Hi everyone, I’m Bette Hochberger, CPA, CGMA. For today’s blog, I am going to give you a guide of the Florida Annual Report. Let’s go ahead in dive in!
Every year, business owners operating in the Sunshine State hear the term “Florida Annual Report.” Yet, what does it truly entail? Here’s your map through the process and importance of this report.
What is the Florida Annual Report?
The Florida Annual Report is a yearly statement filed with the Florida Department of State’s Division of Corporations. It provides updated information about a business, ensuring the state has current details regarding management, addresses, and other pertinent aspects of your enterprise.
Who Needs to File?
Every active Florida corporation, whether domestic or foreign-qualified, must file an annual report. This includes:
- Profit and non-profit corporations
- Limited Liability Companies (LLCs)
- Limited Partnerships (LPs)
- Limited Liability Partnerships (LLPs)
Key Components of the Report:
- Entity Name and Document Number: Essential for identifying the specific business.
- Principal Office Address and Mailing Address: Ensure these are current, so all official correspondence reaches you.
- Management Details: Names and addresses of corporate officers, directors, or members/managers of LLCs.
- Registered Agent Information: The designated person or entity to receive service of process if the business is sued.
The Deadline and Fees:
The filing window opens on January 1st and closes on May 1st. There’s a set fee for filing the annual report, which varies depending on the type of entity:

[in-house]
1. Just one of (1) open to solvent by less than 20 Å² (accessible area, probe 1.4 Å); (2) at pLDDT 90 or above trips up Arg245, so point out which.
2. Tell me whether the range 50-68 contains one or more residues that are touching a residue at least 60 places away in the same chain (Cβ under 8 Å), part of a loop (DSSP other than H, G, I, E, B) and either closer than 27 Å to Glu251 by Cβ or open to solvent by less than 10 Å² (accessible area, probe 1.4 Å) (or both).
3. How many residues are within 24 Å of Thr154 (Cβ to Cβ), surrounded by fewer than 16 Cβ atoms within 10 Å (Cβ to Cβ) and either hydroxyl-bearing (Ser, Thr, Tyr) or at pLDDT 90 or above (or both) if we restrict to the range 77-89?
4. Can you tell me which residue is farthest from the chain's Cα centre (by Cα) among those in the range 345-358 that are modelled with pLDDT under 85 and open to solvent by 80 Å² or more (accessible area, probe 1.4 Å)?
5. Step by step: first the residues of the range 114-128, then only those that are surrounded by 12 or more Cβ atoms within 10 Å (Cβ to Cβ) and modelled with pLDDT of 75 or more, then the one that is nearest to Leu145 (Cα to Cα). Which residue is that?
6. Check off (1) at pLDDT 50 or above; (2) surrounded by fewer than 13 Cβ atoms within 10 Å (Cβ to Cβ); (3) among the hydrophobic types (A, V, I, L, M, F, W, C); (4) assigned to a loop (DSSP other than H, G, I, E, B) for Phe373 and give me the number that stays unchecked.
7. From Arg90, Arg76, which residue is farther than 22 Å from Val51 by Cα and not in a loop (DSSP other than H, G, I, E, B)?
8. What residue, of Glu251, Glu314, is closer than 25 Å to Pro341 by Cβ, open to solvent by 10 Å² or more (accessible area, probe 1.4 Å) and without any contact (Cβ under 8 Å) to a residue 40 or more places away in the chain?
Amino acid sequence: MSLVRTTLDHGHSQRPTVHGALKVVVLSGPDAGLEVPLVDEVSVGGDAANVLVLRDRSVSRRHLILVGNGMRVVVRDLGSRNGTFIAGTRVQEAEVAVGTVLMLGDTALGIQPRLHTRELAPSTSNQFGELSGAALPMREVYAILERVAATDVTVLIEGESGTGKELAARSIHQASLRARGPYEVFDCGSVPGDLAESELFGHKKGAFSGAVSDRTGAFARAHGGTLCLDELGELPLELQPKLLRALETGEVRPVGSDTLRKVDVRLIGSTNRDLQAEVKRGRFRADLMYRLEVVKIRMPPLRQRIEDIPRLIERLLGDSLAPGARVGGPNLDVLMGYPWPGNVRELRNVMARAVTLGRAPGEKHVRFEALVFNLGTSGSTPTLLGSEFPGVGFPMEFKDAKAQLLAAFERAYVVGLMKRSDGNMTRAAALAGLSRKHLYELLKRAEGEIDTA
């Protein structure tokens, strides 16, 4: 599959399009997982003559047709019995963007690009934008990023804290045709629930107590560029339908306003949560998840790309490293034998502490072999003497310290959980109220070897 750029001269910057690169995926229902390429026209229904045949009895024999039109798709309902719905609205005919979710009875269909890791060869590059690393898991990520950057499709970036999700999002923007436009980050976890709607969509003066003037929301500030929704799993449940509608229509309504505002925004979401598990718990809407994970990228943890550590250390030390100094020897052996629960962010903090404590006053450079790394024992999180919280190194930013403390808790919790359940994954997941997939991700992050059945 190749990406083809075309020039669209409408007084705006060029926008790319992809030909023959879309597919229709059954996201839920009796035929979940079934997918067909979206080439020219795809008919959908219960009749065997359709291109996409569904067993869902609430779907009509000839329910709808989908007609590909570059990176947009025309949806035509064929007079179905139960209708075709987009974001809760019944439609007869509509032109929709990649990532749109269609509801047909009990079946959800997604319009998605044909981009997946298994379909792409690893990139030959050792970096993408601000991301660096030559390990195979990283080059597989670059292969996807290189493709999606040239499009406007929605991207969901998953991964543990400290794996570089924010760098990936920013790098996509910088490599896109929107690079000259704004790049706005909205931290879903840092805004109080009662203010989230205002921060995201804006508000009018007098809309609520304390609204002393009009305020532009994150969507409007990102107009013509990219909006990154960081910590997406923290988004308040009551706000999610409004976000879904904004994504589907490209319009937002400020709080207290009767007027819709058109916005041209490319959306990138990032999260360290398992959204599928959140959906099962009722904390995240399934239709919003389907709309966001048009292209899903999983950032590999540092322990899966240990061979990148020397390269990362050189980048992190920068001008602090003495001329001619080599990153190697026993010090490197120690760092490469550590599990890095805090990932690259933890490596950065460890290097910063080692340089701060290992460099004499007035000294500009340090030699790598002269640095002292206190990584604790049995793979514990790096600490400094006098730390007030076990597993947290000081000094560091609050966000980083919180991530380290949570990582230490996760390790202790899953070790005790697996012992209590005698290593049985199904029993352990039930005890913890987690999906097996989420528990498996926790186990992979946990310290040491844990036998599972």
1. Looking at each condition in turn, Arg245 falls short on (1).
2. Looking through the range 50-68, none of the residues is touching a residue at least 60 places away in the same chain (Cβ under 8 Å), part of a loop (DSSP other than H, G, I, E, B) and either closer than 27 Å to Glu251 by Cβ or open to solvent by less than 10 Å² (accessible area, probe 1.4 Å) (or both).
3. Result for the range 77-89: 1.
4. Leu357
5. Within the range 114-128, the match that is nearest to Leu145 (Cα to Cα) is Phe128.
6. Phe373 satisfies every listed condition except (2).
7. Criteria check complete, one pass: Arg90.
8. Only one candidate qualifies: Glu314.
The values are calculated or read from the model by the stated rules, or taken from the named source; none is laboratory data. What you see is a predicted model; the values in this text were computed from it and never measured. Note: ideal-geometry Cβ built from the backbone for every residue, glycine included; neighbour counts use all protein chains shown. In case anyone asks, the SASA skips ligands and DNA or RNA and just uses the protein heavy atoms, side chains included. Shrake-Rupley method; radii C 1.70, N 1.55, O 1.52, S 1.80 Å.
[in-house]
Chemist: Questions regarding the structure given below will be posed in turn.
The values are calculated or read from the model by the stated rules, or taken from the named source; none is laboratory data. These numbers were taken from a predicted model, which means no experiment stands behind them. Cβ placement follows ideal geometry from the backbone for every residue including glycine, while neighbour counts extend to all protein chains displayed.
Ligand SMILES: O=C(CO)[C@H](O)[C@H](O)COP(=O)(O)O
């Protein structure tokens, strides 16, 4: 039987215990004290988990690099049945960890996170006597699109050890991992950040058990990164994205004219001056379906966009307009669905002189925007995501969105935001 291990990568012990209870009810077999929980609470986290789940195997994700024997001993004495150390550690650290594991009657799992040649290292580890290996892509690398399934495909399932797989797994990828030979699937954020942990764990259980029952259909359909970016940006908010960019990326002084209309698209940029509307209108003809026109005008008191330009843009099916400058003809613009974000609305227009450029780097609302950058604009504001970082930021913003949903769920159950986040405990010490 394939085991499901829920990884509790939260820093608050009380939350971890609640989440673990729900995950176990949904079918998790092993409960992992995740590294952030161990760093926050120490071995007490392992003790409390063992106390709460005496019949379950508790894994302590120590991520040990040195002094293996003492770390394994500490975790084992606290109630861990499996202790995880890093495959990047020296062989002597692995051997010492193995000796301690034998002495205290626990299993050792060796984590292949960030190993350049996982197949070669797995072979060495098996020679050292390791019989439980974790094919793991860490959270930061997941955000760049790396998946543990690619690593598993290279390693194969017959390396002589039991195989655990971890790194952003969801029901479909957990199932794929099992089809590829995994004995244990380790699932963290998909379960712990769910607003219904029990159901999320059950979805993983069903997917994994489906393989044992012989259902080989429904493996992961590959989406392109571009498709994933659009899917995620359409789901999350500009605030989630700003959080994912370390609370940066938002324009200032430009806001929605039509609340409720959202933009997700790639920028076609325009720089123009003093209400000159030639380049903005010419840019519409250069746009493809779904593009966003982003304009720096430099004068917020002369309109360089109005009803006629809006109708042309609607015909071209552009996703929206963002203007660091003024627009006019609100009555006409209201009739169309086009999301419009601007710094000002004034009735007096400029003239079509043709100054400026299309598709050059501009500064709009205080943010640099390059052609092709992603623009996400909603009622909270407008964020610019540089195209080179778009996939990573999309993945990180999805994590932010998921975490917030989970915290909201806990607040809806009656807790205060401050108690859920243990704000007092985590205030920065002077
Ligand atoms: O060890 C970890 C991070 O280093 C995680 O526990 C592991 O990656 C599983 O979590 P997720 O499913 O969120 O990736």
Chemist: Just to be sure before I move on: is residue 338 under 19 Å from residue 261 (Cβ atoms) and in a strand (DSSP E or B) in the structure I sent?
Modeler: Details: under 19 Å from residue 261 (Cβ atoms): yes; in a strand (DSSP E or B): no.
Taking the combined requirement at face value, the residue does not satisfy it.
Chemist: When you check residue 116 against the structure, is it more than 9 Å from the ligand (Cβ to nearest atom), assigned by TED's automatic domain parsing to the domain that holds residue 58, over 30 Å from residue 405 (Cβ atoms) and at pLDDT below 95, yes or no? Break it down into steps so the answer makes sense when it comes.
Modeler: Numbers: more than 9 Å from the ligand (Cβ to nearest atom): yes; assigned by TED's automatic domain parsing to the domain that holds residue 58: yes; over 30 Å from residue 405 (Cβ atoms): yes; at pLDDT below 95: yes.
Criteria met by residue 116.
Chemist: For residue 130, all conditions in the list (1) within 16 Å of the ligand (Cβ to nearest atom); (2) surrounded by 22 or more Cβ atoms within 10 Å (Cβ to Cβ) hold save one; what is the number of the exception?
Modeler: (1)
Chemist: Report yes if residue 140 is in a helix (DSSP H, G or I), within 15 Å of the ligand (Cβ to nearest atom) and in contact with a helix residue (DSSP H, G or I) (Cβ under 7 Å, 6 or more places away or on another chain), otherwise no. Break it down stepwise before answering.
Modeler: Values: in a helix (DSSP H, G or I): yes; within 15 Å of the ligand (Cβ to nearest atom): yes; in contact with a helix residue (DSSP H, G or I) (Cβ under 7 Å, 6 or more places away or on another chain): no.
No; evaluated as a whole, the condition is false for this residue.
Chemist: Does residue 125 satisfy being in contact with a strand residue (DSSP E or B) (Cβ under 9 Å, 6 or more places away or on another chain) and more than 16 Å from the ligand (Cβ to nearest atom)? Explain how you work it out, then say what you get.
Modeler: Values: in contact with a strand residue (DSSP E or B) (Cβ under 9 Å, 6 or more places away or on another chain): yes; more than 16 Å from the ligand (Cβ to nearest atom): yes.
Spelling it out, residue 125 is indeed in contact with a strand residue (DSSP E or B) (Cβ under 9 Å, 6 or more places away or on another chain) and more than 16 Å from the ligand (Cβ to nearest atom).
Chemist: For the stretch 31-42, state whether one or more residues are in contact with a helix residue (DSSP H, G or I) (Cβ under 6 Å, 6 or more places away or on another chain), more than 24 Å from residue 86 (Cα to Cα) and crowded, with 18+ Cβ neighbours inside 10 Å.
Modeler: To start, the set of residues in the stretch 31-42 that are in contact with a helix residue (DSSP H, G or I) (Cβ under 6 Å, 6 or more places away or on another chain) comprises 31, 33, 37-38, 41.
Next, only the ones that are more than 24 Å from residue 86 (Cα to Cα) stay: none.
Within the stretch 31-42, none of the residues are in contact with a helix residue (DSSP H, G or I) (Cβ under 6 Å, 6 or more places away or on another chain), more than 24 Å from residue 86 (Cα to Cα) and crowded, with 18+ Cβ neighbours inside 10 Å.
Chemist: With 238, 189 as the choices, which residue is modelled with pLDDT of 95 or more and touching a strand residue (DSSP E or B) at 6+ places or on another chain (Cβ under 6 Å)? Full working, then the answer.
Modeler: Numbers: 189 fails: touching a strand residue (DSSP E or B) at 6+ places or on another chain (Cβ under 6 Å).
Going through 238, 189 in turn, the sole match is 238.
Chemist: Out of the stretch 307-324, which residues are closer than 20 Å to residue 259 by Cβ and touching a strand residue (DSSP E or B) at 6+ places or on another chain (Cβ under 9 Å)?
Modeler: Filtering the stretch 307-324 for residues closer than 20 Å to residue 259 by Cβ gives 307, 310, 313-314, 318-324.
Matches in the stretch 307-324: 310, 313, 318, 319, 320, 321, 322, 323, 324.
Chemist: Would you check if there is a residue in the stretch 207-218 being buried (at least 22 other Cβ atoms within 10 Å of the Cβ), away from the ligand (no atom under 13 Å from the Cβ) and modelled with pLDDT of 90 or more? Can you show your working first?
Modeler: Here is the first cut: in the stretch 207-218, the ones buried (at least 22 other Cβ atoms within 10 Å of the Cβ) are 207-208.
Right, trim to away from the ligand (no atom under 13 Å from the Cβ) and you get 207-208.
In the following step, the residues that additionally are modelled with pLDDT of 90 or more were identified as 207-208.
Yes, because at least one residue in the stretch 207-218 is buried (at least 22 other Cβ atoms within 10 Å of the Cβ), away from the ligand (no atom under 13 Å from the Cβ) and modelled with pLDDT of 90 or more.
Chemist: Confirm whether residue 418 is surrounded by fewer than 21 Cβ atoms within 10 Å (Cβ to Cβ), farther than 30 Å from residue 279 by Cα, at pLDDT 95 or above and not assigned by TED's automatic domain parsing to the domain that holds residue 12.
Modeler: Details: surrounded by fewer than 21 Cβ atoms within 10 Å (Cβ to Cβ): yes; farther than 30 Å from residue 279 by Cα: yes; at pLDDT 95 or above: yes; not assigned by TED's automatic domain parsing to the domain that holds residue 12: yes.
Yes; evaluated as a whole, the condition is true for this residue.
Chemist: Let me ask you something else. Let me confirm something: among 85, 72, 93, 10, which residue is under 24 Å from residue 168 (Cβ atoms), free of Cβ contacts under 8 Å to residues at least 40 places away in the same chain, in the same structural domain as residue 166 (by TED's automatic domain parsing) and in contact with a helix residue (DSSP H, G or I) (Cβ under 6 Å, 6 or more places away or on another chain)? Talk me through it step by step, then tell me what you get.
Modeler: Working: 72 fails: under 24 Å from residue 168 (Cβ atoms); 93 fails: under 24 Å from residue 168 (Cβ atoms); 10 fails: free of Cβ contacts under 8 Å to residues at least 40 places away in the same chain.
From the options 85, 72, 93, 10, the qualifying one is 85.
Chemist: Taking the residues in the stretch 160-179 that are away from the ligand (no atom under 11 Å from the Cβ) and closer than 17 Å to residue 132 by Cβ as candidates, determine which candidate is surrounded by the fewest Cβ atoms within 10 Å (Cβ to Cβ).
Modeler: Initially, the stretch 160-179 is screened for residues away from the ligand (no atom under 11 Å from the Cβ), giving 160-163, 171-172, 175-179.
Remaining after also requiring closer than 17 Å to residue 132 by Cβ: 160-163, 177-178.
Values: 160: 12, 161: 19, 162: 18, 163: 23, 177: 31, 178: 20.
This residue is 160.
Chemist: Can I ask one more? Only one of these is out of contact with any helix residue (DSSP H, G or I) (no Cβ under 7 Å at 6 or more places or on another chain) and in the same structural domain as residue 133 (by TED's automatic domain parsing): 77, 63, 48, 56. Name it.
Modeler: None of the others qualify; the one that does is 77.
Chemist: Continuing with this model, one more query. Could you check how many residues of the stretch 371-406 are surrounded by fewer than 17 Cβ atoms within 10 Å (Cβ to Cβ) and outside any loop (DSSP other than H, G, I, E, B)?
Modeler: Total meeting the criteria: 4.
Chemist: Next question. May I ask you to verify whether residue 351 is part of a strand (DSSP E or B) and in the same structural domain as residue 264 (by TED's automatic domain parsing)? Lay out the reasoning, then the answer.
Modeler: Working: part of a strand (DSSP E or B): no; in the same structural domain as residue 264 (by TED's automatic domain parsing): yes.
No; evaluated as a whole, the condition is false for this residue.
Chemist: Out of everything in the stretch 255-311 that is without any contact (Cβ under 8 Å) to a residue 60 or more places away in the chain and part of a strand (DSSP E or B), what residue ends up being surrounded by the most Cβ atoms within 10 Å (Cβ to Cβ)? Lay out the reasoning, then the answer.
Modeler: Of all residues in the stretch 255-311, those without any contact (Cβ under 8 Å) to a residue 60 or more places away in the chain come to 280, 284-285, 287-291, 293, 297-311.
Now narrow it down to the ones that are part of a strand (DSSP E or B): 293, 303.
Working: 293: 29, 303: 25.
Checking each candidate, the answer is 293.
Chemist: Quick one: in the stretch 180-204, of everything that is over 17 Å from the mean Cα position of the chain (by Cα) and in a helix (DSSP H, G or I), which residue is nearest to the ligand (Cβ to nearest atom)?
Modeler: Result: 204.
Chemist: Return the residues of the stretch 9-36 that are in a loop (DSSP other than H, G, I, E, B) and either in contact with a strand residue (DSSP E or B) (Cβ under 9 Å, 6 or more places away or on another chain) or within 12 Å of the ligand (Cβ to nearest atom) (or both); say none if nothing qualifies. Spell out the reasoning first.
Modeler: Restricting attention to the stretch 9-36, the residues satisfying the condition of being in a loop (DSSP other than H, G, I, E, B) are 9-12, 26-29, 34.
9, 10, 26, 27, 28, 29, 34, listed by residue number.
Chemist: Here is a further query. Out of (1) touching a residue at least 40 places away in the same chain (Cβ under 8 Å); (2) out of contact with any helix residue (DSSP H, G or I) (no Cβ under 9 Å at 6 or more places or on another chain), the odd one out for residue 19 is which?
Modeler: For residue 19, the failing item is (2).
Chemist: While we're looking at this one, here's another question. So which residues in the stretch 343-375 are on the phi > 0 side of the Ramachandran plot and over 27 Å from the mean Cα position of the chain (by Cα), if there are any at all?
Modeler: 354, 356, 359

- Corporations: $150.00
- LLCs: $138.75
- LPs and LLPs: $500.00
Late filings, unfortunately, come with a hefty penalty, so marking your calendar is crucial.
How to File:
The most streamlined way to file is online through the state’s official website, Sunbiz.org. Simply follow the prompts, input your updated information, and pay the associated fee. Once submitted, you’ll receive a confirmation – hold onto this for your records.
What Happens if You Don’t File?
Failure to file the annual report by the third Friday of September will result in the administrative dissolution or revocation of your business entity come the fourth Friday of September. However, there is an option to reinstate, but it comes with additional fees.
Key Tips and Reminders:
- Email Notifications: The Florida Department of State sends electronic reminders as the deadline approaches. Keep an eye out!
- Beware of Scams: Occasionally, businesses receive unofficial “notices” or “invoices” related to their annual report. Always verify through Sunbiz.org before making any payments.
- Consistent Review: Even if no changes occurred in your business, filing the report is mandatory. Treat it as an annual review of your business details.
The Florida Annual Report is more than just a formality; it’s a reflection of your business’s commitment to transparency and compliance. Regularly updating your information not only keeps you in good standing with the state but ensures you’re reachable for any vital communications.
I hope you learned something new today. As always, stay safe, and I will see you next time.